Moreover, as we have addressed in a previous publication, the historically high valuation of the more volatile industries compared to their less volatile counterparts (Fig.4 below) serves as evidence of the risk of concentration and excessive confidence in the current environment.

Figure 4 – Valuation spreads (12-month forward PE). Most volatile industries vs least volatile industries. MSCI AC World, December 2023 - Sources : Ostrum AM, Bloomberg, FactSet

We often remind that the absence of volatility is not equivalent to the absence of risk. On the contrary, the relationship between the two is often reflexive. Initially, the decrease in volatility positively alters participants' perceptions, consequently impacting prices positively and further shaping risk perceptions. At this stage, the relationship is self-reinforcing.

Yet, in the long run, this initial phase leads to increasingly higher risk-taking. Confidence turns into excess, capital allocation is no longer optimal, and risks are underestimated. The relationship becomes self-correcting, and extreme confidence in a concentrated market ultimately worsens the impact of future adjustments.

For an investor, pondering on which stage of this cycle we are currently going through can be crucial.

In the current context, discussions about the benefits of diversification are not necessarily well received. After all, one does not change a winning team! Portfolios concentrated around Tech companies, especially US Tech, have largely outperformed since the 2008 financial crisis and have further solidified their dominance with the recent emergence of generative AI. Still, it is also quite revealing that this recent outperformance is accompanied by record levels of relative valuation and an increasingly evident polarization in equity market dynamics.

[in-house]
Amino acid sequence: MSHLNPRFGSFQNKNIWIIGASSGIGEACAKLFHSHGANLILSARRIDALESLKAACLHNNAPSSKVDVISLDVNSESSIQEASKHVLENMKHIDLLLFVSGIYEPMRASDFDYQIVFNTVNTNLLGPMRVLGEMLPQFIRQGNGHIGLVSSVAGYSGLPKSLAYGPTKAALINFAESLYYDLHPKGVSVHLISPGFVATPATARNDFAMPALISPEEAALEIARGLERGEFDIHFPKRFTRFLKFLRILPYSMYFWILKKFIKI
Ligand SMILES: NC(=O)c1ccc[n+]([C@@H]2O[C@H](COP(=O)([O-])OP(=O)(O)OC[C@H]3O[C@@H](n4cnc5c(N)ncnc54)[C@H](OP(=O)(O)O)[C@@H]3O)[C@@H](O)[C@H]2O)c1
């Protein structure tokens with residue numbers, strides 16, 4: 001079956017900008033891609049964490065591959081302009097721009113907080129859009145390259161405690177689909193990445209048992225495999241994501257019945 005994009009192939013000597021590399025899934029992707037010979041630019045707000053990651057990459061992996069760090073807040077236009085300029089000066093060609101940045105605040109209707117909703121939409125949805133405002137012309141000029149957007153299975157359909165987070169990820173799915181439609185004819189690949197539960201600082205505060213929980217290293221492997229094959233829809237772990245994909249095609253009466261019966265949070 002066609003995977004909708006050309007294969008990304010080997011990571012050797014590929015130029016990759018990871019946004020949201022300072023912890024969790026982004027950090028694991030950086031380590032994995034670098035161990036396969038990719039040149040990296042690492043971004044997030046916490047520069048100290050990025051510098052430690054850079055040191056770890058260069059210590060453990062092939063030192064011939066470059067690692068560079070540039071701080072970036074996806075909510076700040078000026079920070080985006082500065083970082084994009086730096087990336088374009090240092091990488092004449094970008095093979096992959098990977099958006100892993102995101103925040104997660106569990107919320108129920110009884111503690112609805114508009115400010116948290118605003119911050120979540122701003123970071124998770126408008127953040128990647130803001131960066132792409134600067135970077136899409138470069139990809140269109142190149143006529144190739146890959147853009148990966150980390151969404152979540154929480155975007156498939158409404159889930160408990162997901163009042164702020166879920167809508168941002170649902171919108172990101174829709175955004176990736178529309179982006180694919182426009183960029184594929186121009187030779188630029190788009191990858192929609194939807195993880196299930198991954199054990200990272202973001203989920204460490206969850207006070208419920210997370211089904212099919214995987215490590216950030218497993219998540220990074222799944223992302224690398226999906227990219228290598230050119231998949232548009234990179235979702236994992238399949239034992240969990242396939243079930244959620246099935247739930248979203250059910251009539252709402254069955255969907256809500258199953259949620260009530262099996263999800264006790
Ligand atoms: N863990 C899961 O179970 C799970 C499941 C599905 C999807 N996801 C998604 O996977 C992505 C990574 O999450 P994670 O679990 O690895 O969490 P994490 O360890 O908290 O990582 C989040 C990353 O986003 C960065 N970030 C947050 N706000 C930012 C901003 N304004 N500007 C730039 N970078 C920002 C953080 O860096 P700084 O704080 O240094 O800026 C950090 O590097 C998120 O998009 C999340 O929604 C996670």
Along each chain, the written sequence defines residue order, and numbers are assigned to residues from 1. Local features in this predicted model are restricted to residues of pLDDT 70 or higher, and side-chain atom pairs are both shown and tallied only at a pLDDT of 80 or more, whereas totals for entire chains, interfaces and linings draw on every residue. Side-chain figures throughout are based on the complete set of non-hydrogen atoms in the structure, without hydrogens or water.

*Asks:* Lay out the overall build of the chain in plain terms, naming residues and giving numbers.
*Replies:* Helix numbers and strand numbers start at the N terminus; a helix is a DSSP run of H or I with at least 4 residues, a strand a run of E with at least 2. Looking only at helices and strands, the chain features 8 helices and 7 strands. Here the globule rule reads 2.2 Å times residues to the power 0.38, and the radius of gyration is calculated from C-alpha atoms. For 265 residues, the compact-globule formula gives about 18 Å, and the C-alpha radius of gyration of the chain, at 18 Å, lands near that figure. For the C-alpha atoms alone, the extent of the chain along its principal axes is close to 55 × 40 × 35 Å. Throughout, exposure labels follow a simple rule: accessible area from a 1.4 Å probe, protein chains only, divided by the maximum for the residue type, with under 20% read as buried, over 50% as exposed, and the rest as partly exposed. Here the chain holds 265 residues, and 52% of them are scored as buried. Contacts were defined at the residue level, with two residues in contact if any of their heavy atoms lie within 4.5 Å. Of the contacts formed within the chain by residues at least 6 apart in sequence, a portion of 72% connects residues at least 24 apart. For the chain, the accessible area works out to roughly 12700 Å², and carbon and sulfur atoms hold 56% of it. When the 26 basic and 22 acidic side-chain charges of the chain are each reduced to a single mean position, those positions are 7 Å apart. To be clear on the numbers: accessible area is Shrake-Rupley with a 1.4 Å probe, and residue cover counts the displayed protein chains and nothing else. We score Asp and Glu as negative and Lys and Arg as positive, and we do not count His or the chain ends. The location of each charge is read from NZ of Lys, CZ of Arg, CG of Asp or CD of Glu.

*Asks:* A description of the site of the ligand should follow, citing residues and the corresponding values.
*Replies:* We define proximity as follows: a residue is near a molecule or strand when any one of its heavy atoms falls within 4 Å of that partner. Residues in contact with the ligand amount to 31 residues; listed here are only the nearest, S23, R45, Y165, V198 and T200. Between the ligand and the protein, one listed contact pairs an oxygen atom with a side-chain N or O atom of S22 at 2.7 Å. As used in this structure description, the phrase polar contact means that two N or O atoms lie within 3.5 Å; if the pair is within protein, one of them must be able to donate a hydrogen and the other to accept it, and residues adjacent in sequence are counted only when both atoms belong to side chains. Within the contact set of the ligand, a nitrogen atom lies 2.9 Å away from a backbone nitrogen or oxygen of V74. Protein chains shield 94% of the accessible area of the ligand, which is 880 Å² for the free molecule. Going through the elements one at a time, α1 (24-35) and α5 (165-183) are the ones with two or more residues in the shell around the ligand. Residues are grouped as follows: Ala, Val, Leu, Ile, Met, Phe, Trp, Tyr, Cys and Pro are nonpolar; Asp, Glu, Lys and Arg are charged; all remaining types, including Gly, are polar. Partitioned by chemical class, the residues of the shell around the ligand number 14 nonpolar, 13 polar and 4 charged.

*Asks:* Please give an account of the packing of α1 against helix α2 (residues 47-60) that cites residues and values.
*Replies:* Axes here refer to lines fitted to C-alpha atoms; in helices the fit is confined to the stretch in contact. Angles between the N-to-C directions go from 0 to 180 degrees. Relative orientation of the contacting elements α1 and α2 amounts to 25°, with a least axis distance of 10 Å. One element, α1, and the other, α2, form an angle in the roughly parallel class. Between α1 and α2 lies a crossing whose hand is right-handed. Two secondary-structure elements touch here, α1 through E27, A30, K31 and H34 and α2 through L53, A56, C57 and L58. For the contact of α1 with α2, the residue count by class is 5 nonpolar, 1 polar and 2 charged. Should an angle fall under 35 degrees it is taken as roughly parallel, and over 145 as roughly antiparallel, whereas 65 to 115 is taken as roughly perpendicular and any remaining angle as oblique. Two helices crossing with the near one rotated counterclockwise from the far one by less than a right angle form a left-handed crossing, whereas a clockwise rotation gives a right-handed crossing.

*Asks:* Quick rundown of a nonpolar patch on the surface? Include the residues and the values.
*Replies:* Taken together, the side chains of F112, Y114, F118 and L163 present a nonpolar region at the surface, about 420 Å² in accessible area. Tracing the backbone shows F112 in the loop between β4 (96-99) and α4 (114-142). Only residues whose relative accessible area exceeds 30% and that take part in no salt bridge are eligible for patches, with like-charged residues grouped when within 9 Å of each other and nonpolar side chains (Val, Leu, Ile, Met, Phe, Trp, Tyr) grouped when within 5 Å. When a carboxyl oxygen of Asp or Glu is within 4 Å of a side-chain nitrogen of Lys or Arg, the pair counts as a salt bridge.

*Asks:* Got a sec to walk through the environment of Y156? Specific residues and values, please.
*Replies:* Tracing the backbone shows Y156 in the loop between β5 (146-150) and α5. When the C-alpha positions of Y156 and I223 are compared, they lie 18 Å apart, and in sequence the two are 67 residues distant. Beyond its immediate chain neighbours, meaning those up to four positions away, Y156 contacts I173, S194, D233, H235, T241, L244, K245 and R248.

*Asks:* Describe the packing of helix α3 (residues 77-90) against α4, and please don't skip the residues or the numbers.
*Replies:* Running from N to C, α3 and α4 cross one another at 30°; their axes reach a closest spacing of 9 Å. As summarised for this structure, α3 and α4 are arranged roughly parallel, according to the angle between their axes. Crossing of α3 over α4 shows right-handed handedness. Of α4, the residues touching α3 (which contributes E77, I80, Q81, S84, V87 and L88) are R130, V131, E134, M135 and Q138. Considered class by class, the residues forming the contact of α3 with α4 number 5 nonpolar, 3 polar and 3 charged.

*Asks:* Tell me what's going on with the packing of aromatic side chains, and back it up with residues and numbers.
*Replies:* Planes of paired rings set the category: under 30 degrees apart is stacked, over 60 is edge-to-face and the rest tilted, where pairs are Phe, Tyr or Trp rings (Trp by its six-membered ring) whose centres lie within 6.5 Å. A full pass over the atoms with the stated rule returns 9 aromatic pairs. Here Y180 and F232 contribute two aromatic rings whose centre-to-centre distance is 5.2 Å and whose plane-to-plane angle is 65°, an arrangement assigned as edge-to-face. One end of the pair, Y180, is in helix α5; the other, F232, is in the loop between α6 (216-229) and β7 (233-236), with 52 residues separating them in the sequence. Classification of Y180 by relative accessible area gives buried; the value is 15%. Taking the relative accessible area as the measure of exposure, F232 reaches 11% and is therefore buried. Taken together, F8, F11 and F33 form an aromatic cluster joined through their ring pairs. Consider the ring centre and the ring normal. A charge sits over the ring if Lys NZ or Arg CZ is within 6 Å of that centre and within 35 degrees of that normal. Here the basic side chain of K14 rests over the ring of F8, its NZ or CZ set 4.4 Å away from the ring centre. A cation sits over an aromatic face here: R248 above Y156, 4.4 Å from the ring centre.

As a result, a second crucial question arises: what is the objective of an investment choice? Investors should consider whether they seek to maximize gains in a single scenario or increase the number of scenarios in which they can hope to be successful.

In the latter case, we believe reevaluating diversification beyond superficial polarizations is essential. It means seeking out truly differentiating market segments, such as defensive sectors and securities can enhance the diversification strategy for investors, especially considering the fact that their valuation has not been this attractive in over 20 years.

1 In order to isolate the specific aspect of correlations, the analysis is based on beta-adjusted performances.

Diversification, the Blind Spot of Equity Markets

Download Download the insight
  • Juan Sebastian Caicedo, CFA

    Juan Sebastian Caicedo, CFA

    Quantitative Equities Portfolio Manager

Reading time : 30 min.
Read our market review and find out all about our theme of the week in MyStratWeekly and its podcast with our experts Axel Botte, Aline Goupil-Raguénès and Zouhoure Bousbih.
Reserved for pros
Reading time : 5 min.
The outlook for the credit market and for short-term bonds is optimistic. At Ostrum Asset Management, we believe that short-term bond allocation is expected to remain an attractive investment in the future.Reach out to the analysis of Emmanuel Schatz, credit portfolio manager at Ostrum Asset Management, in this video.
Reserved for pros
Reading time : 30 min.
Read our market review and find out all about our theme of the week in MyStratWeekly and its podcast with our experts Axel Botte, Aline Goupil-Raguénès and Zouhoure Bousbih.
Reserved for pros